The late physicist Stephen Hawking made a huge contribution to cosmology during his lifetime, but he didn't quite manage to resolve all the mysteries of the universe.

Now one of the last papers he ever worked on has been published – and it introduces some new ideas about the size and shape of the cosmos. But what does the research actually say and how important are the findings?

Our conventional picture of cosmology is that our universe started with a Big Bang and then had a period of very rapid expansion, known as inflation. This created the seeds of the large, smooth(ish) universe we live in today. The problem is, inflation tends to have a problem with stopping.

This is because inflation in the early universe was actually governed by the strange rules of quantum mechanics, making it behave in unexpected ways.

For example, according to quantum mechanics, particles can pop into existence from vacuum randomly only to disappear again – a quirk known as a quantum fluctuation. Applied to the early universe, quantum fluctuations could have caused some parts of the universe to suddenly start inflating faster than others.

This means that most of the explicit descriptions of inflation have the feature that, while inflation may end in some regions, it continues in others, so that the universe is "eternally inflating" overall.

This means we should live in a tiny pocket of a "multiverse" of parallel universes, in which inflation has stopped and stars have formed. However, the overall multiverse is constantly creating new and inflating universes, growing like a fractal.

fractal exampleA fractal universe? (Wolfgang Beyer/Wikipedia)

Such a universe would be very uneven – and this is the aspect that Hawking's paper looks at. If we imagine the universe as a balloon, blowing up the balloon rapidly would be uniform inflation.

But eternal inflation would appear like a little patch of the balloon had suddenly stopped being elastic, and would no longer expand. Given that the rest of the balloon is still expanding, this would give a very spiky surface overall.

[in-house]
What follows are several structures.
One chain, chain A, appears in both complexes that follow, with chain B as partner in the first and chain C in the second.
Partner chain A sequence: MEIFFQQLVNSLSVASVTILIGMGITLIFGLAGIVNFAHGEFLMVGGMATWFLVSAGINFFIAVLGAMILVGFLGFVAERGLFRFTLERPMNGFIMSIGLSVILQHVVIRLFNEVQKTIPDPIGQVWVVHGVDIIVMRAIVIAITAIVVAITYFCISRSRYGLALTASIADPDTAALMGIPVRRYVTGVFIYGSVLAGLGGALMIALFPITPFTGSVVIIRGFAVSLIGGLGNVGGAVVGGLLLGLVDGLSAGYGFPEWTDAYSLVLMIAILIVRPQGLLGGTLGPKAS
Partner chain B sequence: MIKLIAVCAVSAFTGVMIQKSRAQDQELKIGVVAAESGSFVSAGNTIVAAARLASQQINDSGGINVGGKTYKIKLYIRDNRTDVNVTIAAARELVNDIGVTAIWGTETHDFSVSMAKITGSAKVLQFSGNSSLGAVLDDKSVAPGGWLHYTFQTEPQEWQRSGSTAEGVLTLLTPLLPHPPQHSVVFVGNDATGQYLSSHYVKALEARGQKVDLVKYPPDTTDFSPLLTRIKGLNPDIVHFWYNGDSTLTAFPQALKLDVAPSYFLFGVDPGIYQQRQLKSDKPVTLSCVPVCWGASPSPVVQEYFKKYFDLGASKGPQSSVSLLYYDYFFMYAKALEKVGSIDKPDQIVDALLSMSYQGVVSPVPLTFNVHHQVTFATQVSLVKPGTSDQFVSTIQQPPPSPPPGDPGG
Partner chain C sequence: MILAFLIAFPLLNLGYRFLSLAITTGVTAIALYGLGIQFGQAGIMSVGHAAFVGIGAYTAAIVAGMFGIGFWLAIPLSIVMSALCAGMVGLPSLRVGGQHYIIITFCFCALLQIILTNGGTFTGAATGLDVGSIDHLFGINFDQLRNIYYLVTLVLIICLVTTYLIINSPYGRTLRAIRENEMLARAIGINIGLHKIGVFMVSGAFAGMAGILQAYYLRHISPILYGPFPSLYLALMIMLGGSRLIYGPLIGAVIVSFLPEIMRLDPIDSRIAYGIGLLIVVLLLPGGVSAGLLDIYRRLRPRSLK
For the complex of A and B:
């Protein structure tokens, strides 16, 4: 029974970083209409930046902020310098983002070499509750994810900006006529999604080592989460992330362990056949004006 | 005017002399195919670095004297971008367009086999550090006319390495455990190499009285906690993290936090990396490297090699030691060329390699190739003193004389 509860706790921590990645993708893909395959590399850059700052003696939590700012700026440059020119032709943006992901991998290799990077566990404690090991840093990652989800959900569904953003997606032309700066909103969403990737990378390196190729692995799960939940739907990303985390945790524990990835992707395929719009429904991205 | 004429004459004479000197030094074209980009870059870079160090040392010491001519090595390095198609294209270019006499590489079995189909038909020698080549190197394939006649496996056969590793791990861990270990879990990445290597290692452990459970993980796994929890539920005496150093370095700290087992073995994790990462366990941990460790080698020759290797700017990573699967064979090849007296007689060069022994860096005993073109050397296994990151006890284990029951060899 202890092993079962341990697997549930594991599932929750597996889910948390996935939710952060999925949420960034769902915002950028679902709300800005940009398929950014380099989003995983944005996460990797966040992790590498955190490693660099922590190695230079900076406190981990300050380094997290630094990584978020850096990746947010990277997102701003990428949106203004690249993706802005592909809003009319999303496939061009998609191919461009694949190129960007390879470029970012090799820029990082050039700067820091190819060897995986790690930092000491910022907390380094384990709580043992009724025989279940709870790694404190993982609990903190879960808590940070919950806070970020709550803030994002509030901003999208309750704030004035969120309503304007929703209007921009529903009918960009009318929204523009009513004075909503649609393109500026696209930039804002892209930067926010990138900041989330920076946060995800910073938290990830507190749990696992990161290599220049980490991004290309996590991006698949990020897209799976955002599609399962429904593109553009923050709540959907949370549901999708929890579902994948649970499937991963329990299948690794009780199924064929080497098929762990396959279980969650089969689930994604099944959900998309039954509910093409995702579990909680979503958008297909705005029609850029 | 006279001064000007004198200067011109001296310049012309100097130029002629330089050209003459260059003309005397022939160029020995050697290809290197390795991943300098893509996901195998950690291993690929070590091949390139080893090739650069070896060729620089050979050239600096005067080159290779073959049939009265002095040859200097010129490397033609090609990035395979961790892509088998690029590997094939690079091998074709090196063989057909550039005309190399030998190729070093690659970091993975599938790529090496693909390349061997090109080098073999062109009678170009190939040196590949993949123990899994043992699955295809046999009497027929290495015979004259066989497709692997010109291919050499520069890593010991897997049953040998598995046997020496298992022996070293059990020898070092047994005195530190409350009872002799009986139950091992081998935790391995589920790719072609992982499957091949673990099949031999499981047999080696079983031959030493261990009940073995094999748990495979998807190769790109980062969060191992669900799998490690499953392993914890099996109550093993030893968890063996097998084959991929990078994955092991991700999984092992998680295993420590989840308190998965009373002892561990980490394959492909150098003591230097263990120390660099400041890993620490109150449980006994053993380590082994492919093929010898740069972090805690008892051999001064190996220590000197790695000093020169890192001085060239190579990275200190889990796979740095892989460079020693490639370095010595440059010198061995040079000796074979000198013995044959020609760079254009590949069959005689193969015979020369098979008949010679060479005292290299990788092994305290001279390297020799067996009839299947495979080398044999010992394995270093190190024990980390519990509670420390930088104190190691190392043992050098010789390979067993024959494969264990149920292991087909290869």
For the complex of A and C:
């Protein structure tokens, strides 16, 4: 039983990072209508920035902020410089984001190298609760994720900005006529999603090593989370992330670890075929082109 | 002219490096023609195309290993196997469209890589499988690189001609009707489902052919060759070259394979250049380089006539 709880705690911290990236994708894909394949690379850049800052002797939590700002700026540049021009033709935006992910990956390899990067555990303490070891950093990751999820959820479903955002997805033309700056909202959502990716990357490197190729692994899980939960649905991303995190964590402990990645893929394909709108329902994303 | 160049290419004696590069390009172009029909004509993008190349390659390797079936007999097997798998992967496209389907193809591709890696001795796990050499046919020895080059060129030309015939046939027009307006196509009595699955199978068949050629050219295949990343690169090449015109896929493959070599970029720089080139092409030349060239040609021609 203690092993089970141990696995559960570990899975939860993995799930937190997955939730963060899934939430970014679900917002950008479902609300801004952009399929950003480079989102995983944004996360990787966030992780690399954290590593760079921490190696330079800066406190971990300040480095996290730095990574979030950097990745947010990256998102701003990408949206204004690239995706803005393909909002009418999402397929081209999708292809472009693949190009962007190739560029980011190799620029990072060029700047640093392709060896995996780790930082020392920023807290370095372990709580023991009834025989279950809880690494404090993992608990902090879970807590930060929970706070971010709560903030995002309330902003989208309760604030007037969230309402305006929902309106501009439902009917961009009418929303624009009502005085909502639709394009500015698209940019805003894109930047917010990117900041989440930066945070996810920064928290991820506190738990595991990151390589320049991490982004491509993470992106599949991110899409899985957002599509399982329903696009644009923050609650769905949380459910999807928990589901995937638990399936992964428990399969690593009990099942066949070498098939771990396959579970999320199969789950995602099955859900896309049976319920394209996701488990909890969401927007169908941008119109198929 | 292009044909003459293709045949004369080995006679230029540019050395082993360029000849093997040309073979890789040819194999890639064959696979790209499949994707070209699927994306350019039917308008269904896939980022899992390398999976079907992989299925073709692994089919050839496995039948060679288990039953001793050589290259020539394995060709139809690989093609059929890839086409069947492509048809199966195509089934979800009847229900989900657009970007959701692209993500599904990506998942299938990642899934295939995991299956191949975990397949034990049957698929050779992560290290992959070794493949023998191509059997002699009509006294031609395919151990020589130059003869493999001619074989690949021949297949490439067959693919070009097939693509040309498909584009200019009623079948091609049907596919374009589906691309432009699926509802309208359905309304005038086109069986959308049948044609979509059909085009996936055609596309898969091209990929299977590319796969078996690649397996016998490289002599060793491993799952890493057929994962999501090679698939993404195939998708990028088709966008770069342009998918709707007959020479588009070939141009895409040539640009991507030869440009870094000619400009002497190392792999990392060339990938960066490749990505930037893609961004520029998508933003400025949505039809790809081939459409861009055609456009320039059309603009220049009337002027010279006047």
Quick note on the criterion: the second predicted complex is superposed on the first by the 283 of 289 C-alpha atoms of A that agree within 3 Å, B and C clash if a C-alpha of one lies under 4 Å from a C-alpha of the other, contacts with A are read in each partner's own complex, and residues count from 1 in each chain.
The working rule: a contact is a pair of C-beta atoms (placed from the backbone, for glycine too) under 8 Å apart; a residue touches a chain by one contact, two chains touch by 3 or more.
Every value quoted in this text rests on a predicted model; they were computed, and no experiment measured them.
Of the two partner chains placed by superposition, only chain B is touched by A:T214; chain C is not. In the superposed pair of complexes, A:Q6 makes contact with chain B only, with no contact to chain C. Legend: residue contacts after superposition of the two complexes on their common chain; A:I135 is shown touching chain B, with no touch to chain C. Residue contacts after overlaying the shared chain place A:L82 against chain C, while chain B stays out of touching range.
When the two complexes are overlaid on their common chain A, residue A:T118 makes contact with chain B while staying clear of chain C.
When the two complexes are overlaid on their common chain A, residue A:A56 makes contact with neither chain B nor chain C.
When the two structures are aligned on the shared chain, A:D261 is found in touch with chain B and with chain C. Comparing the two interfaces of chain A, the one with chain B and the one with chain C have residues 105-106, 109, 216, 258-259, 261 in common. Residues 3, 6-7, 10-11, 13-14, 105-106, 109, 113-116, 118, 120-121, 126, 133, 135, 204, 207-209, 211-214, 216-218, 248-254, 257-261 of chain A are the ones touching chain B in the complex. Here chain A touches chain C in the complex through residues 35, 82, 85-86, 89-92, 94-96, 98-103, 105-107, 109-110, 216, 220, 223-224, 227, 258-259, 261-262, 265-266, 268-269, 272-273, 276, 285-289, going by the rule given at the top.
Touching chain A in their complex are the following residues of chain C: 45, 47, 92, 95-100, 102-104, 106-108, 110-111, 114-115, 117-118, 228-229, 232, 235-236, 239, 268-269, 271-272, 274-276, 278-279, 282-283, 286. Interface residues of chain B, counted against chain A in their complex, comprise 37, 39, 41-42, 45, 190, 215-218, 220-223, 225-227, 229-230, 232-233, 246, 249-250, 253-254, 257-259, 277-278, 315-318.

The theories of eternal inflation and the multiverse are powerful as they can quite conveniently explain the existence of conscious beings like ourselves when coupled with the "anthropic principle".

This essentially says that in order for life to exist, the universe has to be pretty close to the one we live in. For example – if planets did not form, then it is hard to see how life could exist, or at least, to paraphrase Star Trek – life as we know it.

If there is only one universe, it would be pretty unlikely that it had turned out just like our own. However, if there are an infinite number of universes, it makes sense that at least one of them would contain life.

Taming infinity

But is this enough of an explanation of the cosmos? After all, we've never seen any of these infinite parallel universes. In the new paper, published in the Journal of High Energy Physics, Hawking and his colleague Thomas Herzog from KU Leuven University in Belgium use a toy model for our universe to probe its structure.

They use a technique known as holography – reducing three-dimensional spaces mathematically to two-dimensional projections on a surface – to try to calculate what the universe looks like.

The hiding away of an entire dimension makes it much easier to do such modelling. Taking into account the possibility of random quantum fluctuations, they look at the likelihood of the multiverse being like a spiky balloon versus it being smoother in shape, and find that the universe prefers to be smooth.

This suggests that eternal inflation may not actually be the preferred outcome scientists originally thought.

Instead, the duo argues that the multiverse is far from infinite, although there is likely to be more than just one universe out there.

But the existence of a smaller number of possible parallel universes is much preferable to an infinite number – it means we could try to pin down what and where they are. We could also explore whether they have left any imprints in the radiation left over from the Big Bang, making the theory much easier to test.

While this is only a toy model, addressing directly the notion of eternal inflation within a more quantum cosmological setting is new and fascinating. Whether Hertog can now flesh out these ideas into a prediction for how to look for signs of other universes remains to be seen.

The ConversationAlthough this is Hawking's last posted paper, he was also working on many other theories toward the end of his life. For example, together with cosmologists Malcolm Perry, from the University of Cambridge, and Andy Strominger, from Harvard University, he was trying to figure out whether physical information could permanently disappear in a black hole – a question thrown up by his previous research.

Further work from this collaboration will be published so we haven't heard the last from Hawking yet.

Ruth Gregory, Professor of Theoretical Particle Physics, Durham University.

This article was originally published by The Conversation.